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German Greens make election pledge to meet climate goals

German Greens make election pledge to meet climate goals

With less than two months before Germany holds an election, the environmentalist Green party has announced a 10-point plan that puts the Paris climate accord’s goal at the heart of its election programBy FRANK JORDANS Associated PressAugust 3, 2021, 7:59 PM• 3 min readShare to FacebookShare to TwitterEmail this articleBERLIN — With less than two months before Germany holds an election, the environmentalist Green party announced a 10-point plan Tuesday that puts the Paris climate accord’s goal at the heart of its election program.Among the measures proposed is the creation of a dedicated Climate Ministry that would have the power to veto government decisions which don’t comply with the 2015 Paris Agreement’s target of capping global warming at 1.5 degrees Celsius (2.7 Fahrenheit).“We need to set a course that would make 1.5 degrees possible,” said Annalena Baerbock, the party’s candidate to succeed Angela Merkel as German chancellor in the Sept. 26 vote.Scientists say the goal will be hard to achieve without a wholesale change to the entire world economy, and even the less-ambitious target of limiting global warming to 2 degrees (3.6F) by the end of the century compared with pre-industrial times will be a challenge.Co-leader Robert Habeck acknowledged that the Green party’s plan would be expensive.“Somebody is going to have to pay for it,” he said, adding that the Greens want the additional money needed to be raised through greater government borrowing that he said would spur economic growth.Other measures the party is proposing include a sharp expansion of renewable energy — with a requirement that all new public buildings have solar roofs — and a faster phase-out of fossil fuels, which would see Germany end the burning of coal and the sale of combustion engine vehicles by 2030.Among the most contentious issues for car-loving Germans is the introduction of a 130 kilometers per hour (80mph) speed limit on all highways, which experts estimate would save almost 2 million tons of carbon dioxide a year.Environmental organizations said the party’s proposals were a step in the right direction. But Greenpeace said more drastic measures will be needed to really achieve the Paris goals.The Greens are trailing the center-right Union bloc in opinion polls, but last month’s deadly floods have pushed climate change back up the political agenda. The party stands a strong chance of being part of the next governing coalition, even if it doesn’t win the election.Merkel is not running for a fifth term. Her party has chosen Armin Laschet, the governor of North Rhine-Westphalia state, as its candidate to become the next chancellor.The country’s current finance minister, Olaf Scholz, has the strongest personal approval ratings of the three main candidates in recent surveys. But his center-left Social Democrats are third-placed in the polls.———Follow AP’s climate coverage at http://www.apnews.com/Climate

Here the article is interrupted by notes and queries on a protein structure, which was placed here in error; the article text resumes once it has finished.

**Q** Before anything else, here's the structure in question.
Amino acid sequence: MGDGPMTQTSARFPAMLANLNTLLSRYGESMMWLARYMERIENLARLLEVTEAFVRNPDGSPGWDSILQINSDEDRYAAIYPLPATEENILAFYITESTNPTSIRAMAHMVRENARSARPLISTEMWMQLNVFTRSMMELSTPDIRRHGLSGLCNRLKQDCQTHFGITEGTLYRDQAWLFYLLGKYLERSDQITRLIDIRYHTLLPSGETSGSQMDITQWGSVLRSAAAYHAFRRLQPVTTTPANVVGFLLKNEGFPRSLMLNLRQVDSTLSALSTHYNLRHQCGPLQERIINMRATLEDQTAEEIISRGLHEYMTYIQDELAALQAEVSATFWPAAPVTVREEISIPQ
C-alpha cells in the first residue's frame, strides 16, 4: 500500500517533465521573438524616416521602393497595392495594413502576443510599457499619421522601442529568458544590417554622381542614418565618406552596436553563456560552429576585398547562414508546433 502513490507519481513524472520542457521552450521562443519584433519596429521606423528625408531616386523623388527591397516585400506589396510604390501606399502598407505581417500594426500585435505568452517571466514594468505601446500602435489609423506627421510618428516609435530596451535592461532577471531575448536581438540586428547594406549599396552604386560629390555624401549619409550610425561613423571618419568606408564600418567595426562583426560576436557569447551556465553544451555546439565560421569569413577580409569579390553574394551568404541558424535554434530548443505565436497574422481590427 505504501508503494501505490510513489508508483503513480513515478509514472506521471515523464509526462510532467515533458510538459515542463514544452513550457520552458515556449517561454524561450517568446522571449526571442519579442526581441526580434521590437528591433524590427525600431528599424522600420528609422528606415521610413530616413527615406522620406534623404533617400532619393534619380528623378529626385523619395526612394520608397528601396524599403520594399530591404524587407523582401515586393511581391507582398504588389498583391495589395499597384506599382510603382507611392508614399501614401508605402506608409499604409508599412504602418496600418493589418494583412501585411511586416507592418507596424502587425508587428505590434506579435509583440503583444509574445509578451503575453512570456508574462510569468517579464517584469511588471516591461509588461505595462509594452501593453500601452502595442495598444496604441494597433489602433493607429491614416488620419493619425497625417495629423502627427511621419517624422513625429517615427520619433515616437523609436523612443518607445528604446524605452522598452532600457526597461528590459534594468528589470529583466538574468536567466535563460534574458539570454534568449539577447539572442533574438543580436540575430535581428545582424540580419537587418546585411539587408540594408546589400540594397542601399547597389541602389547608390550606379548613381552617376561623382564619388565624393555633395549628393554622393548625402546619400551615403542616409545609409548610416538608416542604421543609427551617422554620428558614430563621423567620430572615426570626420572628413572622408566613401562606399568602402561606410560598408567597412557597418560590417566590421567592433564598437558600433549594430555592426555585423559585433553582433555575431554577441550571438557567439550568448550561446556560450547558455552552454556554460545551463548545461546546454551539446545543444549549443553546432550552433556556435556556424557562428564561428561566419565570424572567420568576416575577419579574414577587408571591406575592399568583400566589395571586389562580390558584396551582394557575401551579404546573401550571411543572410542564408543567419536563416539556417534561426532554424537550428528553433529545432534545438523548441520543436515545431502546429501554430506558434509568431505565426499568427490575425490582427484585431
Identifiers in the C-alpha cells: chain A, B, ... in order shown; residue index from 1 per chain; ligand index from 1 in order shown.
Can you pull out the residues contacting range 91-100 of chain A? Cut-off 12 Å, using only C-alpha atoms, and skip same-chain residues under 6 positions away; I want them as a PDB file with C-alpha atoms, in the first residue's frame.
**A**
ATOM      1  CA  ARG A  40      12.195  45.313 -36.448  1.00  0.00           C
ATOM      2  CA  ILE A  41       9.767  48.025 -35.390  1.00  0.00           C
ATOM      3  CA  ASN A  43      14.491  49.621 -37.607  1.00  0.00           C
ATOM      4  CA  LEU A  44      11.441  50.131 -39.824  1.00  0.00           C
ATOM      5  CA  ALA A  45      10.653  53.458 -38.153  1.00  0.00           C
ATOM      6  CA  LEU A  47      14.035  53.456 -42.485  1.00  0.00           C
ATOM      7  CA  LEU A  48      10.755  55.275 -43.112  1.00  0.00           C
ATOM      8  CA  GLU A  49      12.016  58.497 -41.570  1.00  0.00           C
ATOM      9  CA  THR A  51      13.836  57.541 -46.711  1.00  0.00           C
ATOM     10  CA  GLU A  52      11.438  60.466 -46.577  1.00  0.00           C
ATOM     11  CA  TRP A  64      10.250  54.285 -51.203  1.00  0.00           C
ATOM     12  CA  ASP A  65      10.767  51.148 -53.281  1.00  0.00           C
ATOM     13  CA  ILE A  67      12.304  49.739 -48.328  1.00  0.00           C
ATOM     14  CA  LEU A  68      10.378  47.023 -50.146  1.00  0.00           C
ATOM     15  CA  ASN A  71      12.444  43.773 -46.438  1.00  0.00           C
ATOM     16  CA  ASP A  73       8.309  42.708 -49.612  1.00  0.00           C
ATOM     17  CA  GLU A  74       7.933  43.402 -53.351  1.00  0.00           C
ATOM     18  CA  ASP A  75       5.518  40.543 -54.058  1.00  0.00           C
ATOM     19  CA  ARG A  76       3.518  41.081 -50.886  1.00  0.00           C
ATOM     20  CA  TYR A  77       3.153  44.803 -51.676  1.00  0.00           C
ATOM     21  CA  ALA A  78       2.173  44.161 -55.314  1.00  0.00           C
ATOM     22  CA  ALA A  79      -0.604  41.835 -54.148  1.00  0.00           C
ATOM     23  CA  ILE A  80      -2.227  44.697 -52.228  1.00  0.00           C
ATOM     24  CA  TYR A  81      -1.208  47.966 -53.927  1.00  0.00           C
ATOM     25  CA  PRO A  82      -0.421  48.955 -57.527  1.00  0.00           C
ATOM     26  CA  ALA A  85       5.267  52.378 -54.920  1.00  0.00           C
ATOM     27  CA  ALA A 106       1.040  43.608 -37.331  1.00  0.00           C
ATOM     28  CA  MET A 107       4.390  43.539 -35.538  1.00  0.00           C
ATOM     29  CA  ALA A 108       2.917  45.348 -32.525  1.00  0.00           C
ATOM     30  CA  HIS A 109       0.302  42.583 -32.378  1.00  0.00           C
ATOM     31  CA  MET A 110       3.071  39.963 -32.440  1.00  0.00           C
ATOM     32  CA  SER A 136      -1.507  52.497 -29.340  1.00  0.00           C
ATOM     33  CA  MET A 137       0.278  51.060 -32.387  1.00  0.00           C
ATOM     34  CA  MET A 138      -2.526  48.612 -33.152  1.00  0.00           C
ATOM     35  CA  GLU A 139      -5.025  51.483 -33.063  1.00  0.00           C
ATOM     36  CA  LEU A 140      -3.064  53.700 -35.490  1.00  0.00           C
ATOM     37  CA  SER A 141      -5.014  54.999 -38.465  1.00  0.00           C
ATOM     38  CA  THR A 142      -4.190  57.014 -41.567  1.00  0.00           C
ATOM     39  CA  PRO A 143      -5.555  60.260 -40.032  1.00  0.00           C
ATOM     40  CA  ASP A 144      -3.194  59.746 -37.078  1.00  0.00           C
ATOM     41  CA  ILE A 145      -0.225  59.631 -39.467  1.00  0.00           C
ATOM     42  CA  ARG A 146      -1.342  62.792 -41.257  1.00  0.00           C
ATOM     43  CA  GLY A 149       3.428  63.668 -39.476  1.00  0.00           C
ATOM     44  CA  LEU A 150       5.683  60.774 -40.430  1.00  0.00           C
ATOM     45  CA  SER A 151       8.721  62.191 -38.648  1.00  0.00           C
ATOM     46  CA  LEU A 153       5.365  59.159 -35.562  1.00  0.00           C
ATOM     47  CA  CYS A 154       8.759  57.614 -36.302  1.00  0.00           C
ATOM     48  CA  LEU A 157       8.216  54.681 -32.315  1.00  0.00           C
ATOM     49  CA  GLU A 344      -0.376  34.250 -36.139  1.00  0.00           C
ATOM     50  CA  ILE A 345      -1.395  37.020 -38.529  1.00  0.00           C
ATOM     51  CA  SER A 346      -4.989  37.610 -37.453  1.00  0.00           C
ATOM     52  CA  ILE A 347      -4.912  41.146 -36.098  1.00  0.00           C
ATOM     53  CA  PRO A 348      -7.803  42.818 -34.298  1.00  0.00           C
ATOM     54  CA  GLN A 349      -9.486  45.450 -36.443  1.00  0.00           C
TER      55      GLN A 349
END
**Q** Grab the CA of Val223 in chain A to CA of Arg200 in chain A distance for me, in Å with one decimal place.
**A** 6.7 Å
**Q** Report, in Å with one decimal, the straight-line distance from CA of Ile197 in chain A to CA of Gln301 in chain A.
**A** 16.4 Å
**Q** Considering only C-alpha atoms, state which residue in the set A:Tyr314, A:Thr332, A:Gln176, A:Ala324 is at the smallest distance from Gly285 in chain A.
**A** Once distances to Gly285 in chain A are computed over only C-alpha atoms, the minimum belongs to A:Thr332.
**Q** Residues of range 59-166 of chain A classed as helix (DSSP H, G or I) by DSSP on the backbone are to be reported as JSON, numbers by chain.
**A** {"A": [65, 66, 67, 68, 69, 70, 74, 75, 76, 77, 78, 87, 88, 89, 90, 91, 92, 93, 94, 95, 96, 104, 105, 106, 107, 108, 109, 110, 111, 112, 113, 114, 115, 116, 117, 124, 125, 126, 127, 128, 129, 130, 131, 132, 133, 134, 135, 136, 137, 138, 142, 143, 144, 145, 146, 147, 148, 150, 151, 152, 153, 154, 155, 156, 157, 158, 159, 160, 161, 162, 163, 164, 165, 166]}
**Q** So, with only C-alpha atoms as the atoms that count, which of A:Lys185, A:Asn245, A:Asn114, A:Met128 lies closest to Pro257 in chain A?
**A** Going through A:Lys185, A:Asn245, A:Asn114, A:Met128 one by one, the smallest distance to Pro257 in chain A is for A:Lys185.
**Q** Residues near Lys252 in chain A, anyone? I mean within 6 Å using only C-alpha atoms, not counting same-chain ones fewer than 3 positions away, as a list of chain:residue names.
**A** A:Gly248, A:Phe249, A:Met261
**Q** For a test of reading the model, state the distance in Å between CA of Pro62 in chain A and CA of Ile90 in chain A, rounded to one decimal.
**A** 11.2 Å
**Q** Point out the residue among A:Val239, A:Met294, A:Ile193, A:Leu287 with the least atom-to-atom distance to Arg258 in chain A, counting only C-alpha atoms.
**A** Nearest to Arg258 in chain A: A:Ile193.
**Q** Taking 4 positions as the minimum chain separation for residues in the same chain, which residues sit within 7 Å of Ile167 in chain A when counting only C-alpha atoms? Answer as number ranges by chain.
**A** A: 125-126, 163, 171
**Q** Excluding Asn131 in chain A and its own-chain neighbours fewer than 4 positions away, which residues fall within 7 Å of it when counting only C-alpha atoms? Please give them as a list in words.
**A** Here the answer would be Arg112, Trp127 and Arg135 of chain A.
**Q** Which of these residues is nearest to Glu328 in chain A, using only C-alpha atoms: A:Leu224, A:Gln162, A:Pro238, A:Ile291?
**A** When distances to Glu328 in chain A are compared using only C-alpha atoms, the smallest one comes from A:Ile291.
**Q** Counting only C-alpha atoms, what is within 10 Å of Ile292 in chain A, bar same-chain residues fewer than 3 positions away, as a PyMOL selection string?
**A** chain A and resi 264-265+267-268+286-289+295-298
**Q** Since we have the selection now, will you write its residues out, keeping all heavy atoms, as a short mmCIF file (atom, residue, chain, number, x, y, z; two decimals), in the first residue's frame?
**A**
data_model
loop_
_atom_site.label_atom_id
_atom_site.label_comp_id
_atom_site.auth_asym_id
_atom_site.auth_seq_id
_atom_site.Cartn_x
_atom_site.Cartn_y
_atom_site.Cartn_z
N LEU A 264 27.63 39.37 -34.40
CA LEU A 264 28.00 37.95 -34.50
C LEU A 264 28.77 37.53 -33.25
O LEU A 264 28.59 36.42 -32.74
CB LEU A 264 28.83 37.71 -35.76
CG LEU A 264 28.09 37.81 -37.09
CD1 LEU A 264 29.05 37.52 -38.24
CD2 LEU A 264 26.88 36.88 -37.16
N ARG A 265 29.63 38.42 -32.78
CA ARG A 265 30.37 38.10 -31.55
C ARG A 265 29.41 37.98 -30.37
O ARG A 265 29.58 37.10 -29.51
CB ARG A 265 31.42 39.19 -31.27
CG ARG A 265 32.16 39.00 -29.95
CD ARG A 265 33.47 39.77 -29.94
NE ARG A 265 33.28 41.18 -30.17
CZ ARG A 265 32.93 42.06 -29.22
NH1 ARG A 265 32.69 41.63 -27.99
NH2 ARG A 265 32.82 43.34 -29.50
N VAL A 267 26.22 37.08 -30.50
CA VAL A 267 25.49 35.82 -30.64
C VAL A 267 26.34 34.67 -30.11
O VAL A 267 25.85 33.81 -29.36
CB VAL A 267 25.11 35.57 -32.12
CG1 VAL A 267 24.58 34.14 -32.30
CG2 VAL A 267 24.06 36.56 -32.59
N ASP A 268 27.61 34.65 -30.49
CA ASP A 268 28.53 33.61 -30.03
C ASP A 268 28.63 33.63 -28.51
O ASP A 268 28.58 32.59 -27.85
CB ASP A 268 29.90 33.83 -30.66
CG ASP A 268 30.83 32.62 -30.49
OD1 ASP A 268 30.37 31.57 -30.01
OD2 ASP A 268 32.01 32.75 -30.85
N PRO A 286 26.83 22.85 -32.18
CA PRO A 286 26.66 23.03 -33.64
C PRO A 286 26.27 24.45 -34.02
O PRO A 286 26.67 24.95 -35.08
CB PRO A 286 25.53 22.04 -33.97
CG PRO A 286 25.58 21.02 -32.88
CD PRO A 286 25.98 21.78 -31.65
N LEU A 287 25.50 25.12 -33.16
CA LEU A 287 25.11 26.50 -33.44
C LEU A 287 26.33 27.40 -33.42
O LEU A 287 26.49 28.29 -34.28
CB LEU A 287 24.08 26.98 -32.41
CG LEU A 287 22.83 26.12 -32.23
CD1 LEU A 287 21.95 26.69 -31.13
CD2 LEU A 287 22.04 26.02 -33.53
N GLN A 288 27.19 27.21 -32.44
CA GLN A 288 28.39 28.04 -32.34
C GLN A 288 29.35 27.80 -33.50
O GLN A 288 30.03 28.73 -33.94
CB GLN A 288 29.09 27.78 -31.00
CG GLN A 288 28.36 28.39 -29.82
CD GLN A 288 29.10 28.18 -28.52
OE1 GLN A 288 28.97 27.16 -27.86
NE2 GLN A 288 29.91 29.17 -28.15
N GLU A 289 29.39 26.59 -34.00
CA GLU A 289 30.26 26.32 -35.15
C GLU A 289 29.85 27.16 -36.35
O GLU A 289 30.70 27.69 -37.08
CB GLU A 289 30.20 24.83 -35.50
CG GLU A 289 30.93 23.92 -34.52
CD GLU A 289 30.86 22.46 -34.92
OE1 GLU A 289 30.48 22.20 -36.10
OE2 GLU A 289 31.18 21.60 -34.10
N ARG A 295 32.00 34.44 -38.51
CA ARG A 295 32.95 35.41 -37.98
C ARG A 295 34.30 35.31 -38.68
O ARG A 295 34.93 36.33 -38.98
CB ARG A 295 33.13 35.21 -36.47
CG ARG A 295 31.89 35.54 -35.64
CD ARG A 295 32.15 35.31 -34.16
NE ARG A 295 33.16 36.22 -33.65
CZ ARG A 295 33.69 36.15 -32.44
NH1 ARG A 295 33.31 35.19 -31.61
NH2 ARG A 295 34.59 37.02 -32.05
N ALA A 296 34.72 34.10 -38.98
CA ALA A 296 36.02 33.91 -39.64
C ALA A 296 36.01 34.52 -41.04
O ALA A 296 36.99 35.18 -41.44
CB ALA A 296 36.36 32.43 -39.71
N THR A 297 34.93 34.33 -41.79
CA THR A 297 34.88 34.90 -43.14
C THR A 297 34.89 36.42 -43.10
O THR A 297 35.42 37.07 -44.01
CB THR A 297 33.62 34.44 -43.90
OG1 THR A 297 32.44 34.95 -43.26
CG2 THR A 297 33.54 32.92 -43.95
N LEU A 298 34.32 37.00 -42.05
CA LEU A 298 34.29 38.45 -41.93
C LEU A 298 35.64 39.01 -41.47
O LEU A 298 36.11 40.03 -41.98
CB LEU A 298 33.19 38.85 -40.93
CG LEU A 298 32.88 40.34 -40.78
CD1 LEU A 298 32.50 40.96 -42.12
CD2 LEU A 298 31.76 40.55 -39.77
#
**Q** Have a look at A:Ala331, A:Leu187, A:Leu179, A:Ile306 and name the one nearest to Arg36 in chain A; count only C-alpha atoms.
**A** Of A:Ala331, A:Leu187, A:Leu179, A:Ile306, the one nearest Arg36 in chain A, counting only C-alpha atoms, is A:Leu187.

Vaccine maker BioNTech to use mRNA tech to target malaria

Vaccine maker BioNTech to use mRNA tech to target malaria